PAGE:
City logistics makes an important contribution to the quality of life that people experience in cities. The liveability of cities is under pressure, partly caused by growing number of ‘last mile’ E-commerce deliveries. Various (f)actors involved in the last mile have led to smart initiatives in the sector.
Based on the literature, Casper Hondema (MSc student at Open Universiteit Nederland) wrote his thesis about: How can ‘smart initiatives’ contribute to a more sustainable approach to ‘the last mile delivery’ in urban areas.
Casper used a survey to investigate consumer’s behaviour and vision regarding E-commerce deliveries. This survey serves as a pilot study and is aimed at consumers who make online purchases. A total of 114 respondents completed the survey, and 9 interviews with representative of important stakeholders were held, using tools to ensure validity.
Focusing on the current situation of last mile delivery in the Netherlands, in terms of emissions, the parcel sector does contribute just four percent of total emissions in the city logistics sector. Technical innovations in the automotive industry have contributed to more sustainable deliveries. Large delivery companies, such as PostNL and DHL, now often deliver using zero-emission vehicles in city centres.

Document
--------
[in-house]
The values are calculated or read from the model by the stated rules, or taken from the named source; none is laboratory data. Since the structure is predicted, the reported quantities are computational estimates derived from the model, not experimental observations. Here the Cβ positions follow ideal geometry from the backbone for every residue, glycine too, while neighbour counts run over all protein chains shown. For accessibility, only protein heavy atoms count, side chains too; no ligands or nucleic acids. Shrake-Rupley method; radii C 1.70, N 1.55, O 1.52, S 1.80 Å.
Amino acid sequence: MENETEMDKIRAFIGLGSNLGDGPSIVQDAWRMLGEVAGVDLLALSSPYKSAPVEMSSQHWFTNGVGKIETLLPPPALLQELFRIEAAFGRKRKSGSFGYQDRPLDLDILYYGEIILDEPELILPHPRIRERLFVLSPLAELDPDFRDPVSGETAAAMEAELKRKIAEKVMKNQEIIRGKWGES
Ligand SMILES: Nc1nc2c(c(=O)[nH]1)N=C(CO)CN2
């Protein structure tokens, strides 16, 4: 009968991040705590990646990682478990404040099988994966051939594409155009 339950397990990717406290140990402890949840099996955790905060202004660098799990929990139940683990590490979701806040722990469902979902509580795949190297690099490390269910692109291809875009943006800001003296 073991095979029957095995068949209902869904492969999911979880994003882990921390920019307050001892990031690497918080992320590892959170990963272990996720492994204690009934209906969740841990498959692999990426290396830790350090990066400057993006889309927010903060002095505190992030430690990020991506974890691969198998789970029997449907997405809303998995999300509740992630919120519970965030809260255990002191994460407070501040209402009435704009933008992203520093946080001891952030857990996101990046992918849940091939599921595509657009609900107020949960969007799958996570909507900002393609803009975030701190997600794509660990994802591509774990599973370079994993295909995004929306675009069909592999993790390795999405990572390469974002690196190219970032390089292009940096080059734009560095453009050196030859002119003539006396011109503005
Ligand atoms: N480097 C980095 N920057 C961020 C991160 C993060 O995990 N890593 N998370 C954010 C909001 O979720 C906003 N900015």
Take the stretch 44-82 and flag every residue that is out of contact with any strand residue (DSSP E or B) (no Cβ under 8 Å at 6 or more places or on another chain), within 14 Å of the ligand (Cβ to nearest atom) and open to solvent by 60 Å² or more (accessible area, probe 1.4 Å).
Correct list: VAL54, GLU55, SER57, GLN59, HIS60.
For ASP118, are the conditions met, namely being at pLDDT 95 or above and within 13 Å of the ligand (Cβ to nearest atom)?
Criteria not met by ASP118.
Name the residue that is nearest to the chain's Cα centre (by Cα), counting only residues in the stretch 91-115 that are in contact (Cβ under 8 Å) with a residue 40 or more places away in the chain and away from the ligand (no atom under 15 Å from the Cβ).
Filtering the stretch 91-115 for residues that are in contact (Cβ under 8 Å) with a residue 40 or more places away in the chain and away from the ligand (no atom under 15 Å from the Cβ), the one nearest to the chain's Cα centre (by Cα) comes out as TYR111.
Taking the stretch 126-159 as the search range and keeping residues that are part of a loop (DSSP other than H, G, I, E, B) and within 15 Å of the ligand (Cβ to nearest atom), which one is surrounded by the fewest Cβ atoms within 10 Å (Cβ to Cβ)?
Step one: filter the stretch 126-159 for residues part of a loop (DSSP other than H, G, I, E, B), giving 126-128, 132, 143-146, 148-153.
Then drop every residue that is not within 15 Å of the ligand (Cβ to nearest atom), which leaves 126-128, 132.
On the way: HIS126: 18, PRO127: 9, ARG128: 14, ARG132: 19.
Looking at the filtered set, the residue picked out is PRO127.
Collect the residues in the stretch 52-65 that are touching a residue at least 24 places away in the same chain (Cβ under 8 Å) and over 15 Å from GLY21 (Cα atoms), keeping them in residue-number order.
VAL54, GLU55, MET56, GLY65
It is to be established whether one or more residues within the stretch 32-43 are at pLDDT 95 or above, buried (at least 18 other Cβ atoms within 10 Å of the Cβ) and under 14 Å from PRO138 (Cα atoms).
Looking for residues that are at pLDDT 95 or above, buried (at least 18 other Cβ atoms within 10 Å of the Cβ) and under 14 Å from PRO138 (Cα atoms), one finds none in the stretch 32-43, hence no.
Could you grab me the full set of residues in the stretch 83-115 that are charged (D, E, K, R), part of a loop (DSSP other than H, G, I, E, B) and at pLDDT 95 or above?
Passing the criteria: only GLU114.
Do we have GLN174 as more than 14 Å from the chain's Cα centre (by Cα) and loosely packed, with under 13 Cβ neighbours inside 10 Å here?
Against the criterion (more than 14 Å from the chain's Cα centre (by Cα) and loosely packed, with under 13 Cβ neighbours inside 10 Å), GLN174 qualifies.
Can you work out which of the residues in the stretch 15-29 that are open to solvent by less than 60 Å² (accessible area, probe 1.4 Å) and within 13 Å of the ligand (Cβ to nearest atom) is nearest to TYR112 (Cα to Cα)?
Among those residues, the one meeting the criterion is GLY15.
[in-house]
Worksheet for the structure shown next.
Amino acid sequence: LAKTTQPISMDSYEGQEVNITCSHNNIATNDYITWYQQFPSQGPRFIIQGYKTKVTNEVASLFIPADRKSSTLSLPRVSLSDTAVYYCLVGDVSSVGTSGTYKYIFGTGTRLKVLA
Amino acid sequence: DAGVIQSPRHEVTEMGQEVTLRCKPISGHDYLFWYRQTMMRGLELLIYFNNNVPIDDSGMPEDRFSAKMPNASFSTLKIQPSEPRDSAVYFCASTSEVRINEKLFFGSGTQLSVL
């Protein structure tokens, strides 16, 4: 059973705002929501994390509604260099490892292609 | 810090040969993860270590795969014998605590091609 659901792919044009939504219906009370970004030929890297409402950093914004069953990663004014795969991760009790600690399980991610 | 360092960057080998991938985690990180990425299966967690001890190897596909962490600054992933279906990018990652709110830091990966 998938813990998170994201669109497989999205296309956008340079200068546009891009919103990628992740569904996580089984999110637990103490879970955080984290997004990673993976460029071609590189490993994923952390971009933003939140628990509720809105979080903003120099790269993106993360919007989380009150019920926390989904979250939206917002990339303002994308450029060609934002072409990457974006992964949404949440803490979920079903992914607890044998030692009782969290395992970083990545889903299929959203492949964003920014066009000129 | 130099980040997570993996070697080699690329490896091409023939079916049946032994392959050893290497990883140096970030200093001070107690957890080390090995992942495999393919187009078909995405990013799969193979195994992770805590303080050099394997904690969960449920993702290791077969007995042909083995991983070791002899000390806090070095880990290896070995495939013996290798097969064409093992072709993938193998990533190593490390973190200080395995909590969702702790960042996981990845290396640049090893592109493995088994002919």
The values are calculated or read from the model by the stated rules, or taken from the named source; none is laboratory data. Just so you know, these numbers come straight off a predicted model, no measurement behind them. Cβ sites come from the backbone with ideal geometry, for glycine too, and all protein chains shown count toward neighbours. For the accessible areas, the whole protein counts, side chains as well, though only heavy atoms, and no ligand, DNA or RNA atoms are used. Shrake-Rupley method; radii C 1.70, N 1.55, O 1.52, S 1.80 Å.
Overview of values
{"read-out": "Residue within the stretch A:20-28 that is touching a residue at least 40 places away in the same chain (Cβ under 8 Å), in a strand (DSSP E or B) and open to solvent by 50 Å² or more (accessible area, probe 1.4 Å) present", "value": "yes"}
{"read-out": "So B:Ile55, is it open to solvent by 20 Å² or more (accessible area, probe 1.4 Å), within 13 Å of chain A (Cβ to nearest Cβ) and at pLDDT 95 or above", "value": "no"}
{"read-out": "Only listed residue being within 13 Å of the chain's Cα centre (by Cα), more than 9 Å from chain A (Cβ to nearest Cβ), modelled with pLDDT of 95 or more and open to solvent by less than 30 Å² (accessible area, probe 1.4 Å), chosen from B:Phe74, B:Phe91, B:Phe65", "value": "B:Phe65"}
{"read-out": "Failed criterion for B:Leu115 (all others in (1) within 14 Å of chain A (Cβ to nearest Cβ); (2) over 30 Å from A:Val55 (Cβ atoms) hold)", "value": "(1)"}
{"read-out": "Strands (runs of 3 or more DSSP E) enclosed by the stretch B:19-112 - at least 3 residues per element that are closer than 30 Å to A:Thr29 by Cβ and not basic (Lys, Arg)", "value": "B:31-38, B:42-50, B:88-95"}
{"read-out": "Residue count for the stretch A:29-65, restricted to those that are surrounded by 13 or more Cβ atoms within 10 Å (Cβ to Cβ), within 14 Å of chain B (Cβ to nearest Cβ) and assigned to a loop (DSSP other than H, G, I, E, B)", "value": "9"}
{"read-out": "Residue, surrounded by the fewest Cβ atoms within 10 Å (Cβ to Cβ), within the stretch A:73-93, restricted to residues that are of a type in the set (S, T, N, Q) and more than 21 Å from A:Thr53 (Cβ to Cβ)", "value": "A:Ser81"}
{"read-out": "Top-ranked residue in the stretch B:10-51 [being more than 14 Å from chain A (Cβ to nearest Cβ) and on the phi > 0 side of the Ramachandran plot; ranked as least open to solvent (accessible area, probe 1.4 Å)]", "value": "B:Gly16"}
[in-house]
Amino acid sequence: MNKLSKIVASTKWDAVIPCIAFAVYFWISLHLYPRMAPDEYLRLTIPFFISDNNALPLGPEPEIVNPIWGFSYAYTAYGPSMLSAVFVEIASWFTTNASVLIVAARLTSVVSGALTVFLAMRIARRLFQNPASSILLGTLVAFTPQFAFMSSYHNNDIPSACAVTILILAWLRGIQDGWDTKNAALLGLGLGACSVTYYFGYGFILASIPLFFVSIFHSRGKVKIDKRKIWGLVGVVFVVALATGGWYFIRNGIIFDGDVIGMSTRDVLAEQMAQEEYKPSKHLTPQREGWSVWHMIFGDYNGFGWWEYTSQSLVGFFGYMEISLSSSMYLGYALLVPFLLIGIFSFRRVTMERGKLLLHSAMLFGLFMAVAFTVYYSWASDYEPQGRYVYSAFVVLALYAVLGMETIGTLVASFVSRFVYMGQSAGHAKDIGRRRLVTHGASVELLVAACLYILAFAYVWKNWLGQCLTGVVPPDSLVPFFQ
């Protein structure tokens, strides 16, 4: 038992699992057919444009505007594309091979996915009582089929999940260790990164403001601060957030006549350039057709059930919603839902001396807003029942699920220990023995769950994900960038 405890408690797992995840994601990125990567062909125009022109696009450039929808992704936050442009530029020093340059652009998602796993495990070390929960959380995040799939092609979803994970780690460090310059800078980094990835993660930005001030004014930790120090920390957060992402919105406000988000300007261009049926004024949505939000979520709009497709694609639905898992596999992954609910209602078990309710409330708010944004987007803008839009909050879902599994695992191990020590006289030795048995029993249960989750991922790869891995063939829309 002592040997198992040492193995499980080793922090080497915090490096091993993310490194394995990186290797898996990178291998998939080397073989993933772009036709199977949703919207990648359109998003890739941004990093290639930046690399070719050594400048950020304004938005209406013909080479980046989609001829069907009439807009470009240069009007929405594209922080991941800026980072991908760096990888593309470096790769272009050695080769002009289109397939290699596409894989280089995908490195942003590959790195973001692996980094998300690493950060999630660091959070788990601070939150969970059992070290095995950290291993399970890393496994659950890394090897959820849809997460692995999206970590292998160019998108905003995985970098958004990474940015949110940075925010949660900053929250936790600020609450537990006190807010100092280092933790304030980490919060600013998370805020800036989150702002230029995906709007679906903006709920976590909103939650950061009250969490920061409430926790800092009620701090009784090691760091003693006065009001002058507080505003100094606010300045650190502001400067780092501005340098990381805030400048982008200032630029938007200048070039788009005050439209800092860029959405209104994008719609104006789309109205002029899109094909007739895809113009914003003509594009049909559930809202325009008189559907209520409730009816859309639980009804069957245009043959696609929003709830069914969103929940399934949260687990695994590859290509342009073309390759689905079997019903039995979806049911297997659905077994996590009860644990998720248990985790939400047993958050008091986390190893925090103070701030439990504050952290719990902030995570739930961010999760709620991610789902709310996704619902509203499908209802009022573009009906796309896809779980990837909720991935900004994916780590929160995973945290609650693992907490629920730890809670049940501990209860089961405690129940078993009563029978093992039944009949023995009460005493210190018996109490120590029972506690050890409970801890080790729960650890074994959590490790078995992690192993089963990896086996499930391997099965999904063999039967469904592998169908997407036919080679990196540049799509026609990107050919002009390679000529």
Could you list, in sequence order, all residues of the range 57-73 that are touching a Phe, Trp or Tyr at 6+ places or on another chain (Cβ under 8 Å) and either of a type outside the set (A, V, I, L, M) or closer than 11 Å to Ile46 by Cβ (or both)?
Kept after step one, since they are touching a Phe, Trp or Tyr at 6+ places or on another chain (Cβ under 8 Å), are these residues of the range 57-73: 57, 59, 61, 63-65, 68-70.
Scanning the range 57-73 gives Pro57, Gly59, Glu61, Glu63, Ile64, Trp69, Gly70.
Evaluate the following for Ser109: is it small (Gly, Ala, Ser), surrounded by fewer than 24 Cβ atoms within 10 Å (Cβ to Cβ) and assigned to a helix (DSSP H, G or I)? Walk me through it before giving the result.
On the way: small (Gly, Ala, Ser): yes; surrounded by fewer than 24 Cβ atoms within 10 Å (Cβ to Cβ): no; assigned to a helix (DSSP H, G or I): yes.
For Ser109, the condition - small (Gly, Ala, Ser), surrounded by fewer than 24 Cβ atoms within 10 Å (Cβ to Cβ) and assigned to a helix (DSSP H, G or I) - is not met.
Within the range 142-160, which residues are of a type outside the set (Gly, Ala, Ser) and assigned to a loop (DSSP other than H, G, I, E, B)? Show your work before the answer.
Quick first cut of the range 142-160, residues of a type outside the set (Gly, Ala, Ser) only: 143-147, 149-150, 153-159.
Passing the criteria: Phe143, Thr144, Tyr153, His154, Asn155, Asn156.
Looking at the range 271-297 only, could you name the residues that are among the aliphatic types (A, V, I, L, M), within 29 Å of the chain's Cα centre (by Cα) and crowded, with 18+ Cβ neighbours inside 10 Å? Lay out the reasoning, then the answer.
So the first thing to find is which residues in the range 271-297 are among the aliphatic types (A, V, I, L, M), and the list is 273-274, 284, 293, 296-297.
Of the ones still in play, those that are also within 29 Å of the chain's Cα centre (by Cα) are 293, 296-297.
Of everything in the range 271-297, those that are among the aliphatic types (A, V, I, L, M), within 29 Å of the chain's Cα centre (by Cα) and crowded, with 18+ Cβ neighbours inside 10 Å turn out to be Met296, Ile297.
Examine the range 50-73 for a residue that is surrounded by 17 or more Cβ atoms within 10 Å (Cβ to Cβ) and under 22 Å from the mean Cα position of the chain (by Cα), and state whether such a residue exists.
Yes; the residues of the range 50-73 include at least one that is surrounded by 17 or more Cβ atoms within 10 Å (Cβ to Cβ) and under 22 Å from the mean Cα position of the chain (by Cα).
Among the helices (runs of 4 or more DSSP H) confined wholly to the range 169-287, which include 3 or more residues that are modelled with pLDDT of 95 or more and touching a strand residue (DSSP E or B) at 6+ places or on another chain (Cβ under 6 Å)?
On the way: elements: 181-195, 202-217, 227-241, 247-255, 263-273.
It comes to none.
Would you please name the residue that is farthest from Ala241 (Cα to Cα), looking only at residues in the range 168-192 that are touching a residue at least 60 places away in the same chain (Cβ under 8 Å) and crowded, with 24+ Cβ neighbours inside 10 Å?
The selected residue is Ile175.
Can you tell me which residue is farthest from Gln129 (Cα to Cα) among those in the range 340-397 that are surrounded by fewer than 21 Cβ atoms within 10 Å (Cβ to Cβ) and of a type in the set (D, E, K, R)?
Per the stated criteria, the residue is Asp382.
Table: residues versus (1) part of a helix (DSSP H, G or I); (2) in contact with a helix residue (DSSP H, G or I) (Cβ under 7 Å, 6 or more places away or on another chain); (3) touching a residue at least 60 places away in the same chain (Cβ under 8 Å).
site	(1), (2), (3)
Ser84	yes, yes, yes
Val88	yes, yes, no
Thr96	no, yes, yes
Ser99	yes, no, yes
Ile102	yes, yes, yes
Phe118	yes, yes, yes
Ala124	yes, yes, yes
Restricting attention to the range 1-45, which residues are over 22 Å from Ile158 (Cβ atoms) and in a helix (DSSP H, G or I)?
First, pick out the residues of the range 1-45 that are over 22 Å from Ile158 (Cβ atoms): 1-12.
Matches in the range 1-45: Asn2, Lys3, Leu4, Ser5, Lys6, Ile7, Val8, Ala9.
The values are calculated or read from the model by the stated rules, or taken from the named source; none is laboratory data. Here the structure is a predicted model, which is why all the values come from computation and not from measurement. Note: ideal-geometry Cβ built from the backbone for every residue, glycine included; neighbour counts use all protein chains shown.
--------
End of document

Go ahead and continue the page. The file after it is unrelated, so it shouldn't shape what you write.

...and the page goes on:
‘Smart initiatives’ are being put into practice in the form of low- or even zero-emission vehicles. The most important smart initiatives are more difficult to observe, however, because they often concern data about further optimising the process of the last mile delivery.
The most important development is address intelligence, which is designed to reduce the number of failed deliveries due to the consumer not being at home. Using the available data, often made available by municipalities, parcel delivery companies can better plan and deliver within a specific time slot, which increases the likelihood of a consumer being at home.
Sustainability, however, consists of more than just CO2 emissions. Corporate social responsibility is also an important pillar when it comes to sustainability. This pillar not only measures the emission but also the consequences for liveability and economic benefits for stakeholders.
A growing number of web shops deliver their products themselves resulting in an increase of delivery competing for urban space. Simultaneously, consumers are often unaware of the impact of their chosen delivery method. The lack of cooperation between stakeholders, such as web shops and parcel delivery companies leads to an unnecessary number of vans entering neighbourhoods. These extra vehicles cause disturbances in neighbourhoods such as congestion and noise disturbance.
However, many consumers indicate that they are willing to wait an extra day if the delivery impact of their online purchased products can be reduced.
Based on this research, important solutions for city logistics can be found in using urban consolidation centres on the edges of cities. There, goods flows are bundled and then delivered using a zero/low-emission vehicle. Collaboration is needed for this to ensure coordination and thus reduce the number of vehicles. Local government should stimulate and enforce cooperation among stakeholders to move from zero-emissions to zero-impact deliveries.
Read the thesis here.